A new peer-reviewed journal article by a pair of University of California-San Francisco researchers reveals that the TSA's new x-ray body scanners may not be as safe as the government agency wants the public to think. In fact, the scanners might not even detect pancake-sized bombs containing PETN, the explosive used in the failed "underwear bomb" last Christmas.
According to Leon Kaufman and Joseph W. Carlson in the Journal of Transportation Security, the scanners could miss PETN bombs if they were taped to a person's body in a flattened, rounded manner.
The researches write about their findings in the article "An evaluation of airport x-ray backscatter units based on image characteristics."
From the introduction:
We show that the body is exposed throughout to the incident x-rays, and that although images can be made at the exposure levels claimed (under 100 nanoGrey per view), detection of contraband can be foiled in these systems. Because front and back views are obtained, low Z materials can only be reliable detected if they are packed outside the sides of the body or with hard edges, while high Z materials are well seen when placed in front or back of the body, but not to the sides. Even if exposure were to be increased significantly, normal anatomy would make a dangerous amount of plastic explosive with tapered edges difficult if not impossible to detect. [Emphasis added]
The article goes on to explain the pancake explosive theory:
It is very likely that a large (15–20 cm in diameter), irregularly-shaped, cm-thick pancake with beveled edges, taped to the abdomen, would be invisible to this technology, ironically, because of its large volume, since it is easily confused with normal anatomy. Thus, a third of a kilo of PETN, easily picked up in a competent pat down, would be missed by backscatter “high technology”. Forty grams of PETN, a purportedly dangerous amount, would fit in a 1.25 mm-thick pancake of the dimensions simulated here and be virtually invisible. Packed in a compact mode, say, a 1 cm×4 cm×5 cm brick, it would be detected.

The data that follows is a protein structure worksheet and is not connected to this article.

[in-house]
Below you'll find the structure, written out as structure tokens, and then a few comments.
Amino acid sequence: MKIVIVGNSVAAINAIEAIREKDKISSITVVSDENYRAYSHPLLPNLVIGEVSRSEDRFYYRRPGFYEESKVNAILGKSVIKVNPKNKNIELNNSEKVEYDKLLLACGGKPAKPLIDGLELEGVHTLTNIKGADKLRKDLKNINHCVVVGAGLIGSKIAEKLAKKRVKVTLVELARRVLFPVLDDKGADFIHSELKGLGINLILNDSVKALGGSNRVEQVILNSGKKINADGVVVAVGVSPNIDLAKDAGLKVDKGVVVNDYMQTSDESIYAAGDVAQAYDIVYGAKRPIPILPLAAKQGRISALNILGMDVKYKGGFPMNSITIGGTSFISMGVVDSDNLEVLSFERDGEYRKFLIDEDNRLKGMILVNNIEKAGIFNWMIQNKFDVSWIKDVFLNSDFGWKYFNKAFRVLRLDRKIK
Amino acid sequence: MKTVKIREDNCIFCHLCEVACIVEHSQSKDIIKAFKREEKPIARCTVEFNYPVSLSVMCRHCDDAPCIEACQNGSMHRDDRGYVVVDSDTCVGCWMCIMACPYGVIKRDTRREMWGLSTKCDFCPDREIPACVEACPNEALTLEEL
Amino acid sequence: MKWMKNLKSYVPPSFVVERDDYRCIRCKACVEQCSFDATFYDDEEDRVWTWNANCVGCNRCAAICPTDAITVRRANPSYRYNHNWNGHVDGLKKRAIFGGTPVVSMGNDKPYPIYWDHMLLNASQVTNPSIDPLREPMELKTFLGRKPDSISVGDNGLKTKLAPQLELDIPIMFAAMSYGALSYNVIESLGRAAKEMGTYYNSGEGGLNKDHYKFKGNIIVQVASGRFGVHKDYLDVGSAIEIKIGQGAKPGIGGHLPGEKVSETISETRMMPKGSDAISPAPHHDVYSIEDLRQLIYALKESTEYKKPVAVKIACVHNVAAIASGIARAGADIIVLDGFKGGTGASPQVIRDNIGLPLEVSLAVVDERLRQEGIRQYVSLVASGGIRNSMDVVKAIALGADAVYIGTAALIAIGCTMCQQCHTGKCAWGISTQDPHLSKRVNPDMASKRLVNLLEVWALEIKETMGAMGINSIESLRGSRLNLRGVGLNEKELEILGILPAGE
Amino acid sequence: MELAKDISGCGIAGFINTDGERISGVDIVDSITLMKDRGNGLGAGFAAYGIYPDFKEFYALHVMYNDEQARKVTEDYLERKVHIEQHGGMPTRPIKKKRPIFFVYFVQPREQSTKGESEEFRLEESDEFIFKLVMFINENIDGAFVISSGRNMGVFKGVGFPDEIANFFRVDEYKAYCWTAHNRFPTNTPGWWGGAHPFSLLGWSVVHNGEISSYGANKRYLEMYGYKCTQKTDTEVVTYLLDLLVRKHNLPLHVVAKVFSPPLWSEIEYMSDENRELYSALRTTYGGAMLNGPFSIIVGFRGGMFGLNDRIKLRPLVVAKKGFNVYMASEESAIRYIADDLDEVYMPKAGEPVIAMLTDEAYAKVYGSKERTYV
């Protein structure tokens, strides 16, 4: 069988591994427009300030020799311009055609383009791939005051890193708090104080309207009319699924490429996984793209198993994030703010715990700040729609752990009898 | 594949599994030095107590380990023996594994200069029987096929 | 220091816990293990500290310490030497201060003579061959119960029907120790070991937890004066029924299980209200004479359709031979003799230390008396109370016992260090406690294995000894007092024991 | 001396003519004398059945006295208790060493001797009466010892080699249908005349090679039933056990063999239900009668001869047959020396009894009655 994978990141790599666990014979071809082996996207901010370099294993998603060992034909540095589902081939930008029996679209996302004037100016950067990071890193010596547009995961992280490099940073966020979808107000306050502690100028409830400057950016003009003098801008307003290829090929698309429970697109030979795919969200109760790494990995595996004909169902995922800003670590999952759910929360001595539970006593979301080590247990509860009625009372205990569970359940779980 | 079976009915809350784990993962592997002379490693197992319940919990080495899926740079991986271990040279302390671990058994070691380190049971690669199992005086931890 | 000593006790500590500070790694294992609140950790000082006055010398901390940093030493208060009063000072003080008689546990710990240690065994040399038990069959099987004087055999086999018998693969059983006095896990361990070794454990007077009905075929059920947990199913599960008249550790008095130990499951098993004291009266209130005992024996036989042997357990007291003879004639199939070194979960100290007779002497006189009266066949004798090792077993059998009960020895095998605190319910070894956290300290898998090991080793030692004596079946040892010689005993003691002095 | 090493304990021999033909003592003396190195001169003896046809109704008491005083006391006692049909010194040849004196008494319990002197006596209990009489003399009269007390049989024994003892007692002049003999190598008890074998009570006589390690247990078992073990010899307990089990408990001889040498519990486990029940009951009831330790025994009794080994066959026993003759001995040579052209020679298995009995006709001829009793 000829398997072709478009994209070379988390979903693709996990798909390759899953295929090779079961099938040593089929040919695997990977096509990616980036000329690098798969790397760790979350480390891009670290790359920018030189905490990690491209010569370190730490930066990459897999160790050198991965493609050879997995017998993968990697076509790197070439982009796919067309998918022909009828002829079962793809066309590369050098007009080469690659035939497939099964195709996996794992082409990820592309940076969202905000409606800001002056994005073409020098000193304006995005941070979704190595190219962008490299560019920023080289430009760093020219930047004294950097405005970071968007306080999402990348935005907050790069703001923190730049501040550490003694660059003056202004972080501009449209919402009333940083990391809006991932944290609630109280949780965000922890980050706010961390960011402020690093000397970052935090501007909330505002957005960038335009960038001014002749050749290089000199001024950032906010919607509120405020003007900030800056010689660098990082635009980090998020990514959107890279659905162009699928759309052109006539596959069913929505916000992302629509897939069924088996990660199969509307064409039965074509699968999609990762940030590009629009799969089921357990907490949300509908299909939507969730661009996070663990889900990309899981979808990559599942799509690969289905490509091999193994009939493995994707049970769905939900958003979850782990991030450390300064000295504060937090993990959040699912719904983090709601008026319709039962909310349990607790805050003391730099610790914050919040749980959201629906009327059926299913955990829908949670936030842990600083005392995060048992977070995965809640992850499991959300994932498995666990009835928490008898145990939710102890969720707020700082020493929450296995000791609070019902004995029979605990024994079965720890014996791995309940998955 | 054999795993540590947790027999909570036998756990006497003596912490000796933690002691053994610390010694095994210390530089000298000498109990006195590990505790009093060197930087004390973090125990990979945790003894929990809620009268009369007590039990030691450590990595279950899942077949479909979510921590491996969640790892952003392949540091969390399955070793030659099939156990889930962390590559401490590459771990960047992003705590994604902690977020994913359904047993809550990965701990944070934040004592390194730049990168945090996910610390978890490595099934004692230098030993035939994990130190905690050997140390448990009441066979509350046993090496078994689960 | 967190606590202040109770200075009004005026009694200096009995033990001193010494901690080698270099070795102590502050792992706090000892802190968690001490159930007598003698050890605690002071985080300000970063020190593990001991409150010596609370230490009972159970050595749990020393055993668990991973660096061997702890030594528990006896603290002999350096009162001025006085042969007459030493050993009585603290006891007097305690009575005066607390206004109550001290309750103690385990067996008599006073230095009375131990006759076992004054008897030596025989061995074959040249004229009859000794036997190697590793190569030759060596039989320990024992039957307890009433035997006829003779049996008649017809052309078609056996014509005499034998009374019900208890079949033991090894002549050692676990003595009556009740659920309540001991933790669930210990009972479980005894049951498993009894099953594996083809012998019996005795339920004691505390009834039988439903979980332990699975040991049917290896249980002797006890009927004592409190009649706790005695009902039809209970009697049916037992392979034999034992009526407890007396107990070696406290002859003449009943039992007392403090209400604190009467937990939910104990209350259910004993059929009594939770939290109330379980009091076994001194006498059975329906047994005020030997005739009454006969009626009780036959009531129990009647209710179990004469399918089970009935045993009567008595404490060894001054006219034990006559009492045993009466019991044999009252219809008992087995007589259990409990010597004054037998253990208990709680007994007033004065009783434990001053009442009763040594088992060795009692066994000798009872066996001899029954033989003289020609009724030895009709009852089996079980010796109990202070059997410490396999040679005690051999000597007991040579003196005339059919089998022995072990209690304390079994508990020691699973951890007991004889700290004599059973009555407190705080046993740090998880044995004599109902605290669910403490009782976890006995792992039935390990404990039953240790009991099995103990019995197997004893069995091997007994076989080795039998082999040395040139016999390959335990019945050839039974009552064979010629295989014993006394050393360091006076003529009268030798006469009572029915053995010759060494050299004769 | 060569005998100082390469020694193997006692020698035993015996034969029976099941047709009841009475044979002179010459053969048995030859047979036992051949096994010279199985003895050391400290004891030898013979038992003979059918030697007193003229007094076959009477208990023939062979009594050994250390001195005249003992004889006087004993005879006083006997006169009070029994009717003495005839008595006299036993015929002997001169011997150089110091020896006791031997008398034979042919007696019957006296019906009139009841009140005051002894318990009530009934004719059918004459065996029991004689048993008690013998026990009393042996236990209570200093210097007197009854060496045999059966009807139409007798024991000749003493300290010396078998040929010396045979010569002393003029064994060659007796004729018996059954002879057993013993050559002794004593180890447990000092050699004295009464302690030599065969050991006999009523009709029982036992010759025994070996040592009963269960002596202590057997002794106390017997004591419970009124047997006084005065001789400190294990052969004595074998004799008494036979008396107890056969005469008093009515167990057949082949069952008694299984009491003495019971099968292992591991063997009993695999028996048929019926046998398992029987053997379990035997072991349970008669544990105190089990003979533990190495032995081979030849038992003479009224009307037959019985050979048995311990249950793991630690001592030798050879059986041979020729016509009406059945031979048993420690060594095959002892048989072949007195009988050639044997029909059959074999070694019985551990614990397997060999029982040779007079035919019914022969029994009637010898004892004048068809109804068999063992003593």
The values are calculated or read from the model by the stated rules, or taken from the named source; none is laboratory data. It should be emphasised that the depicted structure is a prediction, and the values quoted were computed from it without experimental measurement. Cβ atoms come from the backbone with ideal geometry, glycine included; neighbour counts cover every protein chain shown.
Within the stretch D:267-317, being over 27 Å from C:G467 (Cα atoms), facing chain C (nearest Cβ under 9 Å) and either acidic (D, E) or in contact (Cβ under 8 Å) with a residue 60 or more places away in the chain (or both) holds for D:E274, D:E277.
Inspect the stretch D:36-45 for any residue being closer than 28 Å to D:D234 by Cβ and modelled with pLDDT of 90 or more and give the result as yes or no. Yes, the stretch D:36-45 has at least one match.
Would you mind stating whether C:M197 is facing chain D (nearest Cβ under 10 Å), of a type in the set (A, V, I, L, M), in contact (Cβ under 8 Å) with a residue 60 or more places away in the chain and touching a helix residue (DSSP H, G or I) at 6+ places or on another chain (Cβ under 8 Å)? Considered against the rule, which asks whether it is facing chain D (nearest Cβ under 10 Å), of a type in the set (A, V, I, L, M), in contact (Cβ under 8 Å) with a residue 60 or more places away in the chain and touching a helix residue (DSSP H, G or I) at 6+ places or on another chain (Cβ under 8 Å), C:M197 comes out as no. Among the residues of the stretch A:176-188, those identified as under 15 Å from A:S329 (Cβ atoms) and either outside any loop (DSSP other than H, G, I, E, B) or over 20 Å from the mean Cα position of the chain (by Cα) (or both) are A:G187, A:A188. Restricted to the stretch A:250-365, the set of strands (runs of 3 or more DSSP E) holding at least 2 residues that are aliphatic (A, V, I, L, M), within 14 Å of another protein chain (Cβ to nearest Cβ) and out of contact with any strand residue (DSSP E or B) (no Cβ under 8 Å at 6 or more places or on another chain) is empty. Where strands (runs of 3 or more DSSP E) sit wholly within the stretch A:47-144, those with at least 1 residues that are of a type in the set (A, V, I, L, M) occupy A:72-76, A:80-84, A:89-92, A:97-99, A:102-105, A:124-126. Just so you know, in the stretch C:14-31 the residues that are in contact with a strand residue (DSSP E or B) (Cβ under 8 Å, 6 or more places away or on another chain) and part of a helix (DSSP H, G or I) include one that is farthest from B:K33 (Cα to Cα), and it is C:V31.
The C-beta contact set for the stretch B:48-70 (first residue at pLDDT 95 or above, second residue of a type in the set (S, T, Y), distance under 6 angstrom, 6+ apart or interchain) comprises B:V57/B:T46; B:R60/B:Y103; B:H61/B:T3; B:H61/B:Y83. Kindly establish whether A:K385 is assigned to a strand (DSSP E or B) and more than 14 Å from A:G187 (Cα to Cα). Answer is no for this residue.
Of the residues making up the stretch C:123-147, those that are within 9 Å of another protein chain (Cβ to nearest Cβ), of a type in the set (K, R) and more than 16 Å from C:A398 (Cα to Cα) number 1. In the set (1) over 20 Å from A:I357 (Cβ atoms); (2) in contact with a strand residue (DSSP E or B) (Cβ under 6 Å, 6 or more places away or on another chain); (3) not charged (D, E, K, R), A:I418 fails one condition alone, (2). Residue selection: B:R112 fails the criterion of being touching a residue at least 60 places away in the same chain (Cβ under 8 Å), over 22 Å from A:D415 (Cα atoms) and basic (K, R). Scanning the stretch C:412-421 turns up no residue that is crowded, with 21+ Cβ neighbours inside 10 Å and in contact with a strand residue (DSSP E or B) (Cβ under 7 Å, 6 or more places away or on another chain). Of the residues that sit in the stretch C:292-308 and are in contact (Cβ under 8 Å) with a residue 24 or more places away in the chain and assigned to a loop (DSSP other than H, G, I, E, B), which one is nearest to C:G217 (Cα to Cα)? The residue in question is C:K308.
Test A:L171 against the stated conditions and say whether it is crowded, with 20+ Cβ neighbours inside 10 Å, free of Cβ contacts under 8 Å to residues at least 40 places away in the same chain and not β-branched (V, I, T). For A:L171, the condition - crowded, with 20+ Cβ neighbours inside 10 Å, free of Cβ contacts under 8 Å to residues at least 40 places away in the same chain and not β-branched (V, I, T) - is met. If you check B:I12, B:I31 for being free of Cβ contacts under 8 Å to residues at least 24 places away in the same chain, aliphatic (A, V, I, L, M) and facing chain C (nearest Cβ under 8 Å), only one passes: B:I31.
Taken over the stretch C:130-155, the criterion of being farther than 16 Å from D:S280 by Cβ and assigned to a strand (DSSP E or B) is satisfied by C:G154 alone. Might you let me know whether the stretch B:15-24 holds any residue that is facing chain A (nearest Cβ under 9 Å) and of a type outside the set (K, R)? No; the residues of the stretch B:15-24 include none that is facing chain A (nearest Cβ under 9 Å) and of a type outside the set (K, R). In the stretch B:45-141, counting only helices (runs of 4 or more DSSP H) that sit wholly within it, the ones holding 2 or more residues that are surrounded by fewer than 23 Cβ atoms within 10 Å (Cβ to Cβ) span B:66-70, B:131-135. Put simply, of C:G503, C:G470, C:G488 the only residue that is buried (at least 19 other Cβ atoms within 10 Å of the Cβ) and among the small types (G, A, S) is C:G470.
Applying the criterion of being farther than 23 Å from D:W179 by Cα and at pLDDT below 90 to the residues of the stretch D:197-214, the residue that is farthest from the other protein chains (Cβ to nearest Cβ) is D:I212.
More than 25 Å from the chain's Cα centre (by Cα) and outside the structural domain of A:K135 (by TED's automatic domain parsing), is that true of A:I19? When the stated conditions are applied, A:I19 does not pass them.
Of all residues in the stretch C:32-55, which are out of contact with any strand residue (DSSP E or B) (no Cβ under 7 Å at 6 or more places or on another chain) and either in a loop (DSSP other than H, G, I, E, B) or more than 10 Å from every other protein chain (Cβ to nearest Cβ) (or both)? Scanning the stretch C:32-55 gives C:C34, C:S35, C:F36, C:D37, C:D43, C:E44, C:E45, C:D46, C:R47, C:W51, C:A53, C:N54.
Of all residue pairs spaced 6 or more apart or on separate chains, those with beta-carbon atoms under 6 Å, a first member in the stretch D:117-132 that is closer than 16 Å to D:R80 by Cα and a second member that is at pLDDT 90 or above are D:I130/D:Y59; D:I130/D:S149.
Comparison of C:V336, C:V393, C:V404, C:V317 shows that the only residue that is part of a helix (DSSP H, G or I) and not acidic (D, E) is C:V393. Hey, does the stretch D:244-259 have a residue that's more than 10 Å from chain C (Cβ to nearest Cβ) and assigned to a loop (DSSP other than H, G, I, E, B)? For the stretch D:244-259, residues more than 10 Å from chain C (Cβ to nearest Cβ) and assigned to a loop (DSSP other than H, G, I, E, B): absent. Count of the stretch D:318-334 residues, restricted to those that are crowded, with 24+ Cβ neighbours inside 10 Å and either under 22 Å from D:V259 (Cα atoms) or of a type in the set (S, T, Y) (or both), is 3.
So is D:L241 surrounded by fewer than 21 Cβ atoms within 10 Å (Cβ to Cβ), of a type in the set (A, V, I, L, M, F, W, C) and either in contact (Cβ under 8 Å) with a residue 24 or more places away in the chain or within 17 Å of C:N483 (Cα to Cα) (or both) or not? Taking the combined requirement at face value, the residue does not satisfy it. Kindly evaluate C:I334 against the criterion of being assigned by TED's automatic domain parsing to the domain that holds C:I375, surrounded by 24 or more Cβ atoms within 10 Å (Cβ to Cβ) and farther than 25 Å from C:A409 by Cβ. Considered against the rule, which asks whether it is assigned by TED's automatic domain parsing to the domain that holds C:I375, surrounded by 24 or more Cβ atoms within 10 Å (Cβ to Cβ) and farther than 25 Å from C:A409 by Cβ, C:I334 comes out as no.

The article, as is common in journals, is rather technical. But the conclusion remains: the "backscatter" technology has its limits and its loopholes, and may not be the savior of airport security.
The Washington Times goes as far as to call the new scanners a "fraud" in an editorial last week.
"Homeland Security Secretary Janet Napolitano insists the public should trust her when she says the expensive airport scanners are safe and effective," the editorial says. "Until now, there has been no way to verify this claim because the TSA and the scanner manufacturers have cloaked key operational data behind a veil of purported 'national security.'"
The researchers pointed out that the manufacturers of airport scanners positioned contraband like guns, knives and drugs in unnatural ways to conceal the limitations of their device. For example, the simulated drugs are always packed into tight rectangles that show up distinctly on the machine. TSA employees would have a far more difficult time spotting less tidy terrorists. "The eye is a good signal averager at certain spatial frequencies, but it is doubtful that an operator can be trained to detect these differences unless the material is hard-edged, not too large and regular shaped," Mr. Kaufman and Mr. Carlson wrote.
The editors' conclusion calls for the scanners to be scrapped:
In the end, this false sense of security creates a blindness that real terrorists will exploit. Continuing to rely on this fundamentally flawed technological crutch makes air travel more dangerous. The plug must be pulled on these invasive and ineffective machines.